Spin thermoelectric properties of different lengths of polythiophene in molecular junction are investigated using Green function in linear response regime. An extended Su-Schrieffer-Heeger model is used to describe the Hamiltonian of the molecule. The coupling of molecular chain to three-dimensional ferromagnetic electrodes is studied by a tight-binding model for both parallel and antiparallel configurations. The decrease of HOMO-LUMO gap and magnetothermopower and increase of oscillation of the spin thermopower and spin figure of merit are the most important phenomena observed by increasing the molecular length. In addition, results show that the spin thermoelectric coefficients are strongly related to the integral exchange energy.

**The spin figure of merit ( Z**

The validity of the Mayo-Lewis (ML) terminal model for copolymer composition in nitroxide mediated copolymerization is systematically tested by simulation. Significant deviations in copolymer composition from ML behavior occur under various parameter combinations before the nitroxide quasi-equilibrium condition (QEC) is reached. Maximum deviations are usually below 5 pp, and absent at conversions higher than 3%, but after 10% in some cases. High reactivity ratios lead to larger deviations; low reactivity ratios (faster cross-propagation) produce near ML behavior. An additional continuous radical source leads to faster attainment of the QEC and reduces the deviations from ML behavior.

**An issue of practical and theoretical interest in controlled radical copolymerization is whether or not the reactivity ratios measured in conventional** free radical copolymerization, based on the terminal model, can be applied in the controlled case as well. This paper tries to answer this question for nitroxide-mediated copolymerization.

Equilibrium morphologies and mechanical properties of copolymers with hydrophobic segments are explored using Langevin dynamics simulations. The interplay between different length scales, namely, persistence length *ℓ*_{p}, and disorder correlation length *p*, in addition to the fraction of hydrophobic patches *f*, determines the equilibrium morphology and in turn their mechanical response. Globular and coil phases for flexible chains and core-shell and looped morphologies for semi-flexible ones are reported. Consequently, a force induced globule-coil transition for flexible chains is observed for all disorder realizations, with *p* dictating the force vs. extension curves. Semi-flexible chains with same *ℓ*_{p} and *f* but different *p*, show different sequences of force-induced conformational transitions on account of their differing equilibrium conformations.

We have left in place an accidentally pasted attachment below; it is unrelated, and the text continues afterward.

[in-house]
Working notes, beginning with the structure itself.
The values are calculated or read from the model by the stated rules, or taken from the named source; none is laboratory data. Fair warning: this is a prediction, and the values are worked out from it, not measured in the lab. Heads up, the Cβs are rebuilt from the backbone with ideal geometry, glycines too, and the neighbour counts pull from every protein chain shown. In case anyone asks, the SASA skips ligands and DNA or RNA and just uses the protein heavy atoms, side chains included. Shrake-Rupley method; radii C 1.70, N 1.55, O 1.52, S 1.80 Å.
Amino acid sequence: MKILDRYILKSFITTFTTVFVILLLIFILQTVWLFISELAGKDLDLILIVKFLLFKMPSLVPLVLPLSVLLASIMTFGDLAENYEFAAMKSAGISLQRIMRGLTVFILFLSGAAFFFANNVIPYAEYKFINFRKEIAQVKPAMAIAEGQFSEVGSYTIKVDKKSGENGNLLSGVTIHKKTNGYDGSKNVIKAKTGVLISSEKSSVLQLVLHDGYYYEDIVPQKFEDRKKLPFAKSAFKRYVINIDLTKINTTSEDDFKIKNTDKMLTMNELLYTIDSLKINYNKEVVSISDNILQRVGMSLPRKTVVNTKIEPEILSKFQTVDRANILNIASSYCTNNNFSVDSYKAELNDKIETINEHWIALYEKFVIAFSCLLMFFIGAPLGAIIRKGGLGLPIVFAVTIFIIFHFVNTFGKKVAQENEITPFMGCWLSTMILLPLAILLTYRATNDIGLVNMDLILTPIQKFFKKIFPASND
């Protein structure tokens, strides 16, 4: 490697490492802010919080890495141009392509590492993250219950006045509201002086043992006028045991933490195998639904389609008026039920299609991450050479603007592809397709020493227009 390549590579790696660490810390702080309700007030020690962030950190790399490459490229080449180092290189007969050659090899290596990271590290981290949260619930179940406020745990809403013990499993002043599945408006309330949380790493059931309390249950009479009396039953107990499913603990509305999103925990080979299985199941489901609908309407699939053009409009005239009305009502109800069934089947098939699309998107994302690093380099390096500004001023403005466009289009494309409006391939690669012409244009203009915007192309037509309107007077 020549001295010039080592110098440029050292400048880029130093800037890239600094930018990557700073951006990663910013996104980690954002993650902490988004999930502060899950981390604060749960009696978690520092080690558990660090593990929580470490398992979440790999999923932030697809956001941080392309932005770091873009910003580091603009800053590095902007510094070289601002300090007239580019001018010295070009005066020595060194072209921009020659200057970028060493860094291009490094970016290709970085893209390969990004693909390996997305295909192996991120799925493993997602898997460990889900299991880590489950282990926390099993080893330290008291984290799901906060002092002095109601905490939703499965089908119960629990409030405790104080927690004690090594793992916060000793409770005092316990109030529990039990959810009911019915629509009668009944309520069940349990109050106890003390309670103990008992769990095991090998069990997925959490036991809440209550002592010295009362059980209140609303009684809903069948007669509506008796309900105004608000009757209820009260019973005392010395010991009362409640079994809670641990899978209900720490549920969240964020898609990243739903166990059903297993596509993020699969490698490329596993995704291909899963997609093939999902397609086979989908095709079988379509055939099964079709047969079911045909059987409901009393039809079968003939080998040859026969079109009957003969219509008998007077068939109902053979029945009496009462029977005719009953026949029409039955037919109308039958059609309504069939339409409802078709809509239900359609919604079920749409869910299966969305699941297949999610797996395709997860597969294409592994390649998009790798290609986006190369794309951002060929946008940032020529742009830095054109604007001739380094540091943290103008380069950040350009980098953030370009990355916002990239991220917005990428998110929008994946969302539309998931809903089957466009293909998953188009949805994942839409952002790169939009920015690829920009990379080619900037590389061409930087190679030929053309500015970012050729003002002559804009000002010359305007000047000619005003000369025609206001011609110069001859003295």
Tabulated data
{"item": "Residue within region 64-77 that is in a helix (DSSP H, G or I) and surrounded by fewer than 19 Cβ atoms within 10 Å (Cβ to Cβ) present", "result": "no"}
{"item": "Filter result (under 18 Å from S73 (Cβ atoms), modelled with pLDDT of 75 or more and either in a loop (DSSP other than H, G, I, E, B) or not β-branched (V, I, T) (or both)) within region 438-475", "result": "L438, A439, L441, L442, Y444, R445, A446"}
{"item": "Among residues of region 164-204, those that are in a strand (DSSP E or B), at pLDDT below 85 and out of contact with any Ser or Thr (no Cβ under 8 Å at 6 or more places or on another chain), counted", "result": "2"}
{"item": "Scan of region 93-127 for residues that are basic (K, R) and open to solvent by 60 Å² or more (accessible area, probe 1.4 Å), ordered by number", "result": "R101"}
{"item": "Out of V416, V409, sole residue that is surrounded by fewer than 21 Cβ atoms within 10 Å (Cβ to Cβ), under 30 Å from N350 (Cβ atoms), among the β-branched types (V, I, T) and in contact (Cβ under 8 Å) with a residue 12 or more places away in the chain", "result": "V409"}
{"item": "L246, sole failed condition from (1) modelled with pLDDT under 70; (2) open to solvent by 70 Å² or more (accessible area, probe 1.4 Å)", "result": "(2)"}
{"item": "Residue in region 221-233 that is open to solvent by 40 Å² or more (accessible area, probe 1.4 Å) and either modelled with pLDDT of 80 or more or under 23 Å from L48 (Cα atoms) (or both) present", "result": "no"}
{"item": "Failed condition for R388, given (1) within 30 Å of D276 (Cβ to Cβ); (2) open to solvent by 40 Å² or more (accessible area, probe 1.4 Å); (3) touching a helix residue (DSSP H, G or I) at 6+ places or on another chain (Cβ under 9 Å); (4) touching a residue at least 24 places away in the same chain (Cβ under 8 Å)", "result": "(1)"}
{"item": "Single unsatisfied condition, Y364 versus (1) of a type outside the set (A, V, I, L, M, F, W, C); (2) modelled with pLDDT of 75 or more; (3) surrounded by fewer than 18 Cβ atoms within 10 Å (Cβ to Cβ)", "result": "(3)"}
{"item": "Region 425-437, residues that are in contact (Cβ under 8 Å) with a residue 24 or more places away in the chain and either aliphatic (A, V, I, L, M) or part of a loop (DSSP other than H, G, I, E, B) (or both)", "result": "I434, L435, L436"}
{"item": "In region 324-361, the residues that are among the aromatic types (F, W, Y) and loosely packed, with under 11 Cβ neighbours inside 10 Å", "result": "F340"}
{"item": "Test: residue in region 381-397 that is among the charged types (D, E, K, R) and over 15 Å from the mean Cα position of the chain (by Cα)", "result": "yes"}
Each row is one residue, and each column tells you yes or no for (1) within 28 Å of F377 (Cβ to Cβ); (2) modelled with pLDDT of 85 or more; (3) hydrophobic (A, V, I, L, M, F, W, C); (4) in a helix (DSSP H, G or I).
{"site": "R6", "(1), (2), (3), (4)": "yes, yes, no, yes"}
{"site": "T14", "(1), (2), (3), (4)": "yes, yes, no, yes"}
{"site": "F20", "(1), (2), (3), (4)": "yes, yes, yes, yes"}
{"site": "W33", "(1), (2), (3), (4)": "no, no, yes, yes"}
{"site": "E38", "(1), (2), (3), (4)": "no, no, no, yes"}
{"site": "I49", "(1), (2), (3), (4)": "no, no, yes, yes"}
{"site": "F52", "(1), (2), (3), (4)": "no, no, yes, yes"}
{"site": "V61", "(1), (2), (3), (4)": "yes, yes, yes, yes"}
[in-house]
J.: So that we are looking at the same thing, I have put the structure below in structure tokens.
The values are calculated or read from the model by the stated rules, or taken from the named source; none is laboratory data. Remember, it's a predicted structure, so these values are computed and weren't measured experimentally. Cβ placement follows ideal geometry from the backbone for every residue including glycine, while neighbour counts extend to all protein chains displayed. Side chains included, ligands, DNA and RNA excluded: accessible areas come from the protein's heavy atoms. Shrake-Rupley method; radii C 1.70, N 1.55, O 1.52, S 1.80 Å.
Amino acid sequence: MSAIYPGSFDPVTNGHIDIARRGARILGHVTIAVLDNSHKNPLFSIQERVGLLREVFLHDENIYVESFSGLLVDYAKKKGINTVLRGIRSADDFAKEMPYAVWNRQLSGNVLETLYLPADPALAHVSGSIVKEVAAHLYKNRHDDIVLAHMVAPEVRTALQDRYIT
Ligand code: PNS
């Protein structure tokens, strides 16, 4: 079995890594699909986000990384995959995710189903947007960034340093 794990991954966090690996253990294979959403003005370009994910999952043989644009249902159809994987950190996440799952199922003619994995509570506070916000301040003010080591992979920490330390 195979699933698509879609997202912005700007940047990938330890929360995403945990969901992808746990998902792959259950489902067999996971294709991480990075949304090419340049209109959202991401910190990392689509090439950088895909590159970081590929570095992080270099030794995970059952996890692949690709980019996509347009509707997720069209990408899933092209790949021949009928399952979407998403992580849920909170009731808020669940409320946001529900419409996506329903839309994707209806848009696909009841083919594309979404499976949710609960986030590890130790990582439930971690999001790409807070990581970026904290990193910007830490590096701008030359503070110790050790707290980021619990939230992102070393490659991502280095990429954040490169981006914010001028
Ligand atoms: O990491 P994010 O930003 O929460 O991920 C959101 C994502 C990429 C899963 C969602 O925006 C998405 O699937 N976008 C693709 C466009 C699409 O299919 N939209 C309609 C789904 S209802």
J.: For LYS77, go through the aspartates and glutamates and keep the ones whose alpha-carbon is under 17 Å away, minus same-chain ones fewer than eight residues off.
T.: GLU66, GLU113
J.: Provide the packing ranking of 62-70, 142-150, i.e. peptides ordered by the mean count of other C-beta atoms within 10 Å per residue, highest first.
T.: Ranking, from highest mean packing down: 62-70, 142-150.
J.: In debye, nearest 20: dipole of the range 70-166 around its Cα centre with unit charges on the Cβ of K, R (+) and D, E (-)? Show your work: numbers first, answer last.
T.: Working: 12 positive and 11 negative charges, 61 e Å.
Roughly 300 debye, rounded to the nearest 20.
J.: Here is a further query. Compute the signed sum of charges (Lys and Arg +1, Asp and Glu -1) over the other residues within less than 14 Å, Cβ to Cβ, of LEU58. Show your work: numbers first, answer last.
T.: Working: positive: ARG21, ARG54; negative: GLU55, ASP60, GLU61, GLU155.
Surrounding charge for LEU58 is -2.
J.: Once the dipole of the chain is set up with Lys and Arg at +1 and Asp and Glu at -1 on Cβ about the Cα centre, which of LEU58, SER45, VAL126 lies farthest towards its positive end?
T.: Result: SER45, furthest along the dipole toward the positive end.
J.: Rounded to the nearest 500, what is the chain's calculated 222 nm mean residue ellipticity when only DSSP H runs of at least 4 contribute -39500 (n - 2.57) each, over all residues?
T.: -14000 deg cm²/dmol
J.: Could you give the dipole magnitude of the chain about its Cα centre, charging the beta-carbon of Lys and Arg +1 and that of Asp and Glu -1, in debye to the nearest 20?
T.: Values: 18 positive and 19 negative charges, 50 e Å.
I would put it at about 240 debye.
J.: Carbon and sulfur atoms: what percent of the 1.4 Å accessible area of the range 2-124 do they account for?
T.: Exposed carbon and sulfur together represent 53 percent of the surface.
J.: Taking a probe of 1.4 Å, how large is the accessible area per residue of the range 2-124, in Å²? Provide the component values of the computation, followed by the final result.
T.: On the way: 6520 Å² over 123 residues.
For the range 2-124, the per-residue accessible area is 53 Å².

**Langevin dynamics simulations are used to investigate equilibrium morphologies and mechanical properties of copolymers** with hydrophobic segments. In addition to the fraction of the hydrophobic groups, the equilibrium morphologies and the mechanical behavior of the polymers depend on the interplay between different length scales.

By the use of a dynamic Monte Carlo method, three-generation dendrimers of type *F*_{1}*F*_{2}*F*_{2} with functionalities *F*_{1} = 3 to 6 and *F*_{2} = 2 to *F*_{1}–1 are simulated and investigated as functions of spacer lengths, with a total chain length up to 200 000 segments. Highly diluted athermal and theta solutions are studied as well as properties of non-reversal random walk dendrimers for comparison. For athermal conditions mean square dimensions obey the same scaling law regarding the total number of bonds as linear chains, irrespective of functionality and complexity. Likewise the theta parameter is the same for all systems investigated. Dimensions of theta systems are slightly expanded as compared to non-reversal random walk data, the effect increasing with increasing *F*_{1} and *F*_{2} while shape data near to theta conditions fairly well coincide with those of non-reversal random walks.

**Several quantities characteristic of the size and shape of dendrimers are studied**. Monte Carlos calculations are performed making use of a cubic lattice; however, by careful extrapolation to infinite chain length short chain effects are eliminated. Thus, only the theta parameter – found to be independent of functionality – is specific for the actual lattice used.

The linear viscoelastic response, usually described through the moduli *G*′(*ω*) and *G*″(*ω*), is widely employed to investigate the material properties because it is strictly related to the microstructure of thermoplastics. In a semi-crystalline polymeric material both the amount (degree of crystallinity) and the morphology of the crystalline phase strongly influence the polymer rheological behavior. In order to obtain information about the effect of crystallinity on the linear viscoelastic functions, the parameters of the linear multi-mode Maxwell equation have been determined by fitting literature data of *G*′(*ω*) and *G*″(*ω*) collected at different crystallinity degrees. The analysis of the resulting spectra, at least in the considered frequency and crystallinity range, clearly shows that the relaxation times of all modes increase with crystallinity in the same way. On the other hand, the parameters *G*_{i} of faster modes do not depend upon the crystallinity, whereas the parameters *G*_{i} increase with crystallinity only for the slowest modes. These results are very relevant to the rheology evolution during solidification: it is not sufficient to analyze only one viscoelastic function during crystallization, the relaxation time for instance; also the moduli change, and their increase seems concentrated to the modes having the largest relaxation times.